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Solving Problems Using Code

Sun 24 December 2017

Python Testing: Mocking Functions based on Input Arguments

Posted by Aly Sivji in Quick Hits   

In Python, functions are objects. This means we can return them from other functions.

In this Quick Hit, we will use this property of functions to mock out an external API with fake data that can be used to test our internal application logic.

Note: I previously used Python functions to simulate the behavior of a case statement.

Imagine we have an external API we can use to download activity tracking data.

This API, a simple wrapper around requests, has two endpoints: /user/ and /activity/. Both take the parameter {'user': user_id}.

We want to write a program that will produce a motivational message that tells the user how many miles they ran. This is fairly straightforward:


import fitness_api

def motivation_message(person_id):
    user = fitness_api.get('/user/', params={'user': person_id})
    name = user[0].get('name')

    activities = fitness_api.get('/activity/', params={'user': person_id})
    total_distance = 0
    for activity in activities:
        total_distance += activity.get('distance')

    return f'{name} has run {total_distance} miles'

How can we test this code? It has an external dependency on fitness_api.

We'll follow standing testing procedure and mock the external API with test data. We can now compare the result of the function with what we expect our function to return.

Wait a minute, fitness_api.get() returns different values based on input parameters. This makes things a bit more complicated. How can we write a mock that returns different values?

We'll answer this question by exploring functions in a bit more depth:

In [1]:
# Let's create a function that takes every argument
def foo(*args, **kwargs):
    return (args, kwargs)
In [2]:
foo('a', 'b')
(('a', 'b'), {})
In [3]:
foo('a', b=2, c='test')
(('a',), {'b': 2, 'c': 'test'})
In [4]:
# Create a mock to return this function. Let's see what happens
from unittest.mock import MagicMock
In [5]:
my_mock = MagicMock(name='main', return_value=foo)
In [6]:
<MagicMock name='main' id='4408396264'>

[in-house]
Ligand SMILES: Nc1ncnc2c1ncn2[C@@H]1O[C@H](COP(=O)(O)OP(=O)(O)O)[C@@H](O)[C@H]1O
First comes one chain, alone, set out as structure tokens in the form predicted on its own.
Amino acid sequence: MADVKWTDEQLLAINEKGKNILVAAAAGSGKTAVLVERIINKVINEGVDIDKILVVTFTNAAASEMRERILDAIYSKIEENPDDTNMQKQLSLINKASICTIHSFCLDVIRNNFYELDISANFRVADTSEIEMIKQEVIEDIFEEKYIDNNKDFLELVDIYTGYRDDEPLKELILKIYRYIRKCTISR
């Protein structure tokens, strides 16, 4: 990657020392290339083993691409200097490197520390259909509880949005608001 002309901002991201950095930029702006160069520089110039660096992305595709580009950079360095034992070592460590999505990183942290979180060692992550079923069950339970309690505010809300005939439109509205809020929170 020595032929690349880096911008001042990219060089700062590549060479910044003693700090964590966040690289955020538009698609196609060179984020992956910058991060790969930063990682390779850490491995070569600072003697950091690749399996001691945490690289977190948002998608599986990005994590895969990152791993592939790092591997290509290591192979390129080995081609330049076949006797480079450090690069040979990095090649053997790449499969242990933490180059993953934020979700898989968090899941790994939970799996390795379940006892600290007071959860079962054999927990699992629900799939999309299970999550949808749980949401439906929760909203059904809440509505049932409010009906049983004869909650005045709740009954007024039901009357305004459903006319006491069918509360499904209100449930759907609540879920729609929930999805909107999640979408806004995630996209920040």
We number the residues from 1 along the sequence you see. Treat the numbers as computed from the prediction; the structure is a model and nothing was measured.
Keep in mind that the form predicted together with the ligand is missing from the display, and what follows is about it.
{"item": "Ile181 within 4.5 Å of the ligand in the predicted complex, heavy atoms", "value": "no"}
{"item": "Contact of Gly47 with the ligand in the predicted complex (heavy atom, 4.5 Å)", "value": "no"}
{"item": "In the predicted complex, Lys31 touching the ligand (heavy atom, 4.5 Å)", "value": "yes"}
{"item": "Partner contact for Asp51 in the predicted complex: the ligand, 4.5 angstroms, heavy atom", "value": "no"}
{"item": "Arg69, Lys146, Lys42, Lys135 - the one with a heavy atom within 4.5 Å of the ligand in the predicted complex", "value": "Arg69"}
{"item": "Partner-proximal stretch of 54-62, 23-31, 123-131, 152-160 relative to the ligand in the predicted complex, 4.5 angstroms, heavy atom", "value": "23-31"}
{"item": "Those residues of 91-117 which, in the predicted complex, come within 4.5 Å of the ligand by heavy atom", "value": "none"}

In [7]:
func_from_mock = my_mock()
In [8]:
In [9]:
((5, 5), {})
In [10]:
func_from_mock(5, 8, param=5)
((5, 8), {'param': 5})

This is great! We can read positional and keyword arguments inside of our function.

Lets create a function that returns test data given input arguments. We'll wrap this function in our mock which we then use to replace the external API. This technique is referred to as monkeypatching.

Aren't dynamic languages great?!


import calc_stats

user_data = [
    { 'id': 1, 'name': 'Aly', 'email': ''},

activity_data = [
    { 'id': 65, 'description': 'morning jog', 'distance': 3.1 },
    { 'id': 66, 'description': 'lunch break', 'distance': 1.2 },
    { 'id': 67, 'description': 'weekend long run', 'distance': 6.2 },
    { 'id': 68, 'description': 'night run', 'distance': 2.5 },

def load_data(endpoint, *args, **kwargs):
    if 'user' in endpoint:
        return user_data
    elif 'activity' in endpoint:
        return activity_data

def test_motivation_message(mocker):
    # Arrange
    mock_api = mocker.MagicMock(name='api')
    mock_api.get.side_effect = load_data
    mocker.patch('calc_stats.fitness_api', new=mock_api)

    # Act
    result = calc_stats.motivation_message('')

    # Assert
    assert result == f'Aly has run {3.1 + 1.2 + 6.2 + 2.5} miles'

Note: I'm using pytest with the pytest-mock extension.

Running our tests:

$ pytest
================================= test session starts ==================================
platform darwin -- Python 3.6.2, pytest-3.3.1, py-1.5.2, pluggy-0.6.0
rootdir: /Users/alysivji/Documents/siv-dev/projects/blog-notebooks/quick-hits, inifile:
plugins: mock-1.6.3, cov-2.5.1
collected 1 item .                                                             [100%]

=============================== 1 passed in 0.01 seconds ===============================

🙌 🙌 🙌

We can use this pattern to add tests to programs which use requests to pull data from an external API.